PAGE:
Glossary of competition terms

This Glossary is based on definitions from DG COMP’s Glossary of terms used in EU competition policy (© European Union, 2002) and the OECD’s Glossary of industrial organisation economics and competition law (© OECD, 1993). Each term is enriched with references of EU and national case laws from the e-Competitions Bulletin and Concurrences Review.


A concentration arises either where two or more previously independent undertakings merge (merger), where an undertaking acquires control of another undertaking (acquisition of control), or where a joint venture is created, performing on a lasting basis all the functions of an autonomous economic entity (full-function joint venture).© European Commission

See the Merger Regulation, Commission Consolidated Jurisdictional Notice under Council Regulation (EC) No 139/2004 on the control of concentrations between undertakings (OJ C95 of 16.04.2008)

An amalgamation or joining of two or more firms into an existing firm or to form a new firm. A merger is a method by which firms can increase their size and expand into existing or new economic activities and markets. A variety of motives may exist for mergers: to increase economic efficiency, to acquire market power, to diversify, to expand into different geographic markets, to pursue financial and R&D synergies, etc. Mergers are classified into three types:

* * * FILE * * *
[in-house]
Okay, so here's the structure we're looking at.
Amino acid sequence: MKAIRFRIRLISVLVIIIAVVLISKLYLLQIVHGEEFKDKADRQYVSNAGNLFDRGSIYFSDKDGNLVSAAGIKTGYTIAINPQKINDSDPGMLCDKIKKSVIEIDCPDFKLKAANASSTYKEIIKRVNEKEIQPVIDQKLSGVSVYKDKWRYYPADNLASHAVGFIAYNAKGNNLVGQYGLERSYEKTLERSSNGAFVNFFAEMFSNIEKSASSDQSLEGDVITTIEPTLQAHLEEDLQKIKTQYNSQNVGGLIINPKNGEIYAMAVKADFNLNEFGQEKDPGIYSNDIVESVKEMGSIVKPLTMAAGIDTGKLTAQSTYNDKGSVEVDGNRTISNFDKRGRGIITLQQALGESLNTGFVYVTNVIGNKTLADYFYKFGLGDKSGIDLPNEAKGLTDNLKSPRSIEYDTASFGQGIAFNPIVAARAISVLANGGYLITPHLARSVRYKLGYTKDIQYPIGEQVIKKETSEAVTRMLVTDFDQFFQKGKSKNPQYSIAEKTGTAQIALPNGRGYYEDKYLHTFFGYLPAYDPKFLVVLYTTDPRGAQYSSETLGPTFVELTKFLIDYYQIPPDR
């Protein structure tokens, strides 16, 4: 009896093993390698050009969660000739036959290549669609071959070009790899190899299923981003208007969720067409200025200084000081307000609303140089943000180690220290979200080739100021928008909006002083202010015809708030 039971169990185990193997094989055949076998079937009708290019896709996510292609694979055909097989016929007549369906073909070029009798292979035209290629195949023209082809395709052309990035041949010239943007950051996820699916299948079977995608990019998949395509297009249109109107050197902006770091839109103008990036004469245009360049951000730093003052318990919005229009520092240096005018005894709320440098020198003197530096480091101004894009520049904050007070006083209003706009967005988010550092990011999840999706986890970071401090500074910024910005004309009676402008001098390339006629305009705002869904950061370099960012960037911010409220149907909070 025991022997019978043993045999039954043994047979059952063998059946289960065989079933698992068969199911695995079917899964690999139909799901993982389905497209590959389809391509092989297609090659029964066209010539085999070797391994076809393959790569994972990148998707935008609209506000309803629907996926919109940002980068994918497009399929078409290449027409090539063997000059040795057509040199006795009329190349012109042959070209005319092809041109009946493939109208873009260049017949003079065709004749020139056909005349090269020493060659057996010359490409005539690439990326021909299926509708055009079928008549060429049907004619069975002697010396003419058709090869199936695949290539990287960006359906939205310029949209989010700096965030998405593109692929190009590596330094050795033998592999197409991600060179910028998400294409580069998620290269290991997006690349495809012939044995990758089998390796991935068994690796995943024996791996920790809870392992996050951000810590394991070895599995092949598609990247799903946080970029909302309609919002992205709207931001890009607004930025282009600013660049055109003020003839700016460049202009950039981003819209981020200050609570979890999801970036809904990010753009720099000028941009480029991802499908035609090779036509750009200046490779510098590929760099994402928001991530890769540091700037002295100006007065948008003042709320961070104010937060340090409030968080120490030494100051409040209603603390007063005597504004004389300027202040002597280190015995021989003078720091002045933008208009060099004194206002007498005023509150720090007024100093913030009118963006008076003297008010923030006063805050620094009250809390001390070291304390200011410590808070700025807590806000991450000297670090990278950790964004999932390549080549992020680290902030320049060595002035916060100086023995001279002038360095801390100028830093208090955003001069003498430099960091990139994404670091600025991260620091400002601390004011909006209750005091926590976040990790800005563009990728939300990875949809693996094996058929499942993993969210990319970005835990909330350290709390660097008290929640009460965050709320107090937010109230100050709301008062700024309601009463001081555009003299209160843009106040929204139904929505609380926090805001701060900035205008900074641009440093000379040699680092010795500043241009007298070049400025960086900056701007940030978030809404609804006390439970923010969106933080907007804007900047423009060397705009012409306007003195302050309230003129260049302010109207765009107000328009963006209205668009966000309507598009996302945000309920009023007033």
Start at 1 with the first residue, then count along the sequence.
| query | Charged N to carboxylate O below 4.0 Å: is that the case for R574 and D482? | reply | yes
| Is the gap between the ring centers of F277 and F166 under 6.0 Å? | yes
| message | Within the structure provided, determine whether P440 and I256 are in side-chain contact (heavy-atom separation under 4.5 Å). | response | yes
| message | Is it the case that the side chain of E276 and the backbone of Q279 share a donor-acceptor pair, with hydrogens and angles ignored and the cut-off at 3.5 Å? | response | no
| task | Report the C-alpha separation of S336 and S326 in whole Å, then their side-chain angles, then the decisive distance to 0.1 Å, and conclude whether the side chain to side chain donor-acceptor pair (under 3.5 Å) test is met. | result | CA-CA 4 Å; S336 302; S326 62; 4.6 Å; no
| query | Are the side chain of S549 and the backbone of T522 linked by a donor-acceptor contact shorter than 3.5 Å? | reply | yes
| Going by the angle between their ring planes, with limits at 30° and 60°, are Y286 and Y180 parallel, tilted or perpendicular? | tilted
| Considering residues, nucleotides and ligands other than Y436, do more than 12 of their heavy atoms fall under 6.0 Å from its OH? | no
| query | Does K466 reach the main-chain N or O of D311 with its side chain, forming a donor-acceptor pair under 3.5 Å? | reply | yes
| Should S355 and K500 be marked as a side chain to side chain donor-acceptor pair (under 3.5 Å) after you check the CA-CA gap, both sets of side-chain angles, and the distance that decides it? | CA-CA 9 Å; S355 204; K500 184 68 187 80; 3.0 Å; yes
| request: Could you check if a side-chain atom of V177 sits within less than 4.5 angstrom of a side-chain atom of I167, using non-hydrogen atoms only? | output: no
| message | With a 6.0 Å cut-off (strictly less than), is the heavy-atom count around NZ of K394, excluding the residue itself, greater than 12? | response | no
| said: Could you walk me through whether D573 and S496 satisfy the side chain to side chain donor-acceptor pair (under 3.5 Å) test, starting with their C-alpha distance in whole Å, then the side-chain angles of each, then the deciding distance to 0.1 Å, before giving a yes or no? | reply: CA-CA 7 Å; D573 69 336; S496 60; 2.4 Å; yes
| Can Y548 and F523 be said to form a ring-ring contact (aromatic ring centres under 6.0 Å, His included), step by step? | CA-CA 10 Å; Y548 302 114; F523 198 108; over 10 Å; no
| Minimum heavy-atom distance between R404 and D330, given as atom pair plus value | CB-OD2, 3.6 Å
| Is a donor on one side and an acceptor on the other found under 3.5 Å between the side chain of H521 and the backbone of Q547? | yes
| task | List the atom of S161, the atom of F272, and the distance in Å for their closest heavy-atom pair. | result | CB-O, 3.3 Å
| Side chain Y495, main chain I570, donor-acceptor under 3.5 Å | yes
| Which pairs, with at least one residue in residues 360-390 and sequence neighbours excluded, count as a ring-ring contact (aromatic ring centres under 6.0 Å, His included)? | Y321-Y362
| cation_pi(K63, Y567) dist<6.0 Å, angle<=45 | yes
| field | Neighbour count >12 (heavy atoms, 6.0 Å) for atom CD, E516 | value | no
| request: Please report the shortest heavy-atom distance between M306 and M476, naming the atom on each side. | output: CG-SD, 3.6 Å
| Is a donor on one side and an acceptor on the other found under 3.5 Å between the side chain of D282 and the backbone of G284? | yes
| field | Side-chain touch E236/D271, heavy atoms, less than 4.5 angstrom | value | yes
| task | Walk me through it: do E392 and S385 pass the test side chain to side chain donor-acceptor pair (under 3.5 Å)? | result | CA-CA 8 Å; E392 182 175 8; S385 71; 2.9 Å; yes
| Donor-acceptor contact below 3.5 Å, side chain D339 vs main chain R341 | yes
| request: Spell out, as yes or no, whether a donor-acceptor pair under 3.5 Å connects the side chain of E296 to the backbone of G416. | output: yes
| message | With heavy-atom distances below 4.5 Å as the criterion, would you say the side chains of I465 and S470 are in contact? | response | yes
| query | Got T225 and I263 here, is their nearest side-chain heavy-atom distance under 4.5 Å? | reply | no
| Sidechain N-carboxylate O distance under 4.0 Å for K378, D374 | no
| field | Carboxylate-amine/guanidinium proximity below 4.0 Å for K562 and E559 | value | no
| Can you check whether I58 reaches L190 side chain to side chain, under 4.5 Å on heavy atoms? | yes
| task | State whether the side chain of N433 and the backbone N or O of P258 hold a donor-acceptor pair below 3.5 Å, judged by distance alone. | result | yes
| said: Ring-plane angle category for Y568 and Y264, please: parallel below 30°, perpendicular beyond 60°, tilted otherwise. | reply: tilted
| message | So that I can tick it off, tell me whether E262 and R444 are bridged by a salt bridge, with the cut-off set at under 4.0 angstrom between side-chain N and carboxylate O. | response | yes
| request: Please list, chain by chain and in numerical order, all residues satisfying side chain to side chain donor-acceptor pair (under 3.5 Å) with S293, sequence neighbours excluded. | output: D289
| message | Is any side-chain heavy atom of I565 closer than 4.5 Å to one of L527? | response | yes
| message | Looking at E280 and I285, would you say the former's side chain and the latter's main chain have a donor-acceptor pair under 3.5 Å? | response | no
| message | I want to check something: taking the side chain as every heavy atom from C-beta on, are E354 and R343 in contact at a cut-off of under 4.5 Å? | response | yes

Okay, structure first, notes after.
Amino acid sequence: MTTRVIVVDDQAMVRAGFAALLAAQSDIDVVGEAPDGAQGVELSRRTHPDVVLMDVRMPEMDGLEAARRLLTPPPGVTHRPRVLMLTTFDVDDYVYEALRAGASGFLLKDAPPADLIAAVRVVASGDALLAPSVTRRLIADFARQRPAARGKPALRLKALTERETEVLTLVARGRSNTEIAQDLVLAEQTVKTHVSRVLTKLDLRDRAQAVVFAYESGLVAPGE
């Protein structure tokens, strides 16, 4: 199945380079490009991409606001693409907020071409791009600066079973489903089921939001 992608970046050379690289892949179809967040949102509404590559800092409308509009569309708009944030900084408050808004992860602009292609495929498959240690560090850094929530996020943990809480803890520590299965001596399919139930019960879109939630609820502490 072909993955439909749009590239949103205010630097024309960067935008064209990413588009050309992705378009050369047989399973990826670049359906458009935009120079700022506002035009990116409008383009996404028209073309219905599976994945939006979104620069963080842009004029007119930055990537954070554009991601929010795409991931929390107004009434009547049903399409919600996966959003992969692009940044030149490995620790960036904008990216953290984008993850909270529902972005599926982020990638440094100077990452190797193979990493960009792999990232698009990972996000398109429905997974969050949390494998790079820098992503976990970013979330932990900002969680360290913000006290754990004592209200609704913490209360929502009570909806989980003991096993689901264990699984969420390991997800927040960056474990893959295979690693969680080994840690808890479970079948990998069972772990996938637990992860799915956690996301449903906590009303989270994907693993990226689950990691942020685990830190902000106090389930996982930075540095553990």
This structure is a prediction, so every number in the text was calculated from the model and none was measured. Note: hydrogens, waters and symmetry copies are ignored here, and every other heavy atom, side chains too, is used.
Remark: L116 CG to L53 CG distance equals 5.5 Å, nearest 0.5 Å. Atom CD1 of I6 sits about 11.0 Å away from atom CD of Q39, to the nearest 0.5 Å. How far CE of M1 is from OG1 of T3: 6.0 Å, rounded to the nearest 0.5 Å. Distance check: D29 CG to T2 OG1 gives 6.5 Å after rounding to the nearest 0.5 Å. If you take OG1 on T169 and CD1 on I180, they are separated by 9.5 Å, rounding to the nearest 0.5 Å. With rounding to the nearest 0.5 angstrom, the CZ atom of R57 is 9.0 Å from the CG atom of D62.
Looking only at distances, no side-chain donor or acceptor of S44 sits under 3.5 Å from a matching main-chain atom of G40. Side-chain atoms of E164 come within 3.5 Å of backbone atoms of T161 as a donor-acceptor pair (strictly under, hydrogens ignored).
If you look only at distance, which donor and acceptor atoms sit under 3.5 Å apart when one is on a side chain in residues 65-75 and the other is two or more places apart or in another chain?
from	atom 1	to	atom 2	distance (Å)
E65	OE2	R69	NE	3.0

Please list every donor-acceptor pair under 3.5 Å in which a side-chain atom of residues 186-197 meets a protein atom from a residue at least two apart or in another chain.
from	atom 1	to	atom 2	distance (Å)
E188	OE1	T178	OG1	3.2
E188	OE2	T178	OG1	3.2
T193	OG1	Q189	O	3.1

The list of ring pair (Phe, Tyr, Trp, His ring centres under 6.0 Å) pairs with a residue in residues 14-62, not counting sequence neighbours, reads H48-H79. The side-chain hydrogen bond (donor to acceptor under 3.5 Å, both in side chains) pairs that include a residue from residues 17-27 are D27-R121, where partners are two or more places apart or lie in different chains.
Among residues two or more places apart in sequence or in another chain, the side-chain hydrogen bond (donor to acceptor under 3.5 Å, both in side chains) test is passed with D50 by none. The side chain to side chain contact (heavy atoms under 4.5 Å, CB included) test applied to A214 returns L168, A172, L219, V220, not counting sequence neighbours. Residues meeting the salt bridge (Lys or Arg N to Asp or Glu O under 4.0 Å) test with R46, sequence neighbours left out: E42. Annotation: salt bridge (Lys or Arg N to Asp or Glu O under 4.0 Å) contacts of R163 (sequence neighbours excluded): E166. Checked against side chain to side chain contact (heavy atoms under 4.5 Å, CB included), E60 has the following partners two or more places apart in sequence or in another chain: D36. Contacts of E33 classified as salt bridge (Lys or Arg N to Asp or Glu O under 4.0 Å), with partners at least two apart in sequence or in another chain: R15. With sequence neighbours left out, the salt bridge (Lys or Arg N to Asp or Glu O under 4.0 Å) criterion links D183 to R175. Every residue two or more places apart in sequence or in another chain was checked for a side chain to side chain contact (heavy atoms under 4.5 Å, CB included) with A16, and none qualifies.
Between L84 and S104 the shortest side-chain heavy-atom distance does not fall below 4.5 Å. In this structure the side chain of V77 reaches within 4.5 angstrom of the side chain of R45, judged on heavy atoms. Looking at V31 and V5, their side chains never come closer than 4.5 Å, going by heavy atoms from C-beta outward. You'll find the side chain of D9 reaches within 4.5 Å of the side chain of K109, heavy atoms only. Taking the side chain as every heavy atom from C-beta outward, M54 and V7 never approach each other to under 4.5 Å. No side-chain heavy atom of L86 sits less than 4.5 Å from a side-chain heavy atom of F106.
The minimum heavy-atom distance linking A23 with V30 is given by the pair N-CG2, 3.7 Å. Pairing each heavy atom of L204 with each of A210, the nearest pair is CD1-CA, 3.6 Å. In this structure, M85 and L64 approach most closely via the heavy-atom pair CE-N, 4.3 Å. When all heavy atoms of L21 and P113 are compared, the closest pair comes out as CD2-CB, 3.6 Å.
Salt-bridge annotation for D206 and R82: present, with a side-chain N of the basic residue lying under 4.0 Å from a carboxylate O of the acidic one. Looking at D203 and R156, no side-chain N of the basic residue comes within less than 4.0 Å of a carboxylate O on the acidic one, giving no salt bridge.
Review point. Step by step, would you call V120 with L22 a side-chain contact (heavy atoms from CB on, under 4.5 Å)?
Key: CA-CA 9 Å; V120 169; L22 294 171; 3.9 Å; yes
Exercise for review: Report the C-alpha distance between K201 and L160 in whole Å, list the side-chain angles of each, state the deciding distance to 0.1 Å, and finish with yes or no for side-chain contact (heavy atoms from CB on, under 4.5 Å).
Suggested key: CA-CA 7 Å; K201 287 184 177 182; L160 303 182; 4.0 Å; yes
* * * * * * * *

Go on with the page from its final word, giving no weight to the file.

• Horizontal Merger: Merger between firms that produce and sell the same products, i.e., between competing firms. Horizontal mergers, if significant in size, can reduce competition in a market and are often reviewed by competition authorities. Horizontal mergers can be viewed as horizontal integration of firms in a market or across markets.
  • Vertical Merger: Merger between firms operating at different stages of production, e.g., from raw materials to finished products to distribution. An example would be a steel manufacturer merging with an iron ore producer. Vertical mergers usually increase economic efficiency, although they may sometimes have an anticompetitive effect.
  • Conglomerate Merger: Merger between firms in unrelated business, e.g., between an automobile manufacturer and a food processing firm. © OECD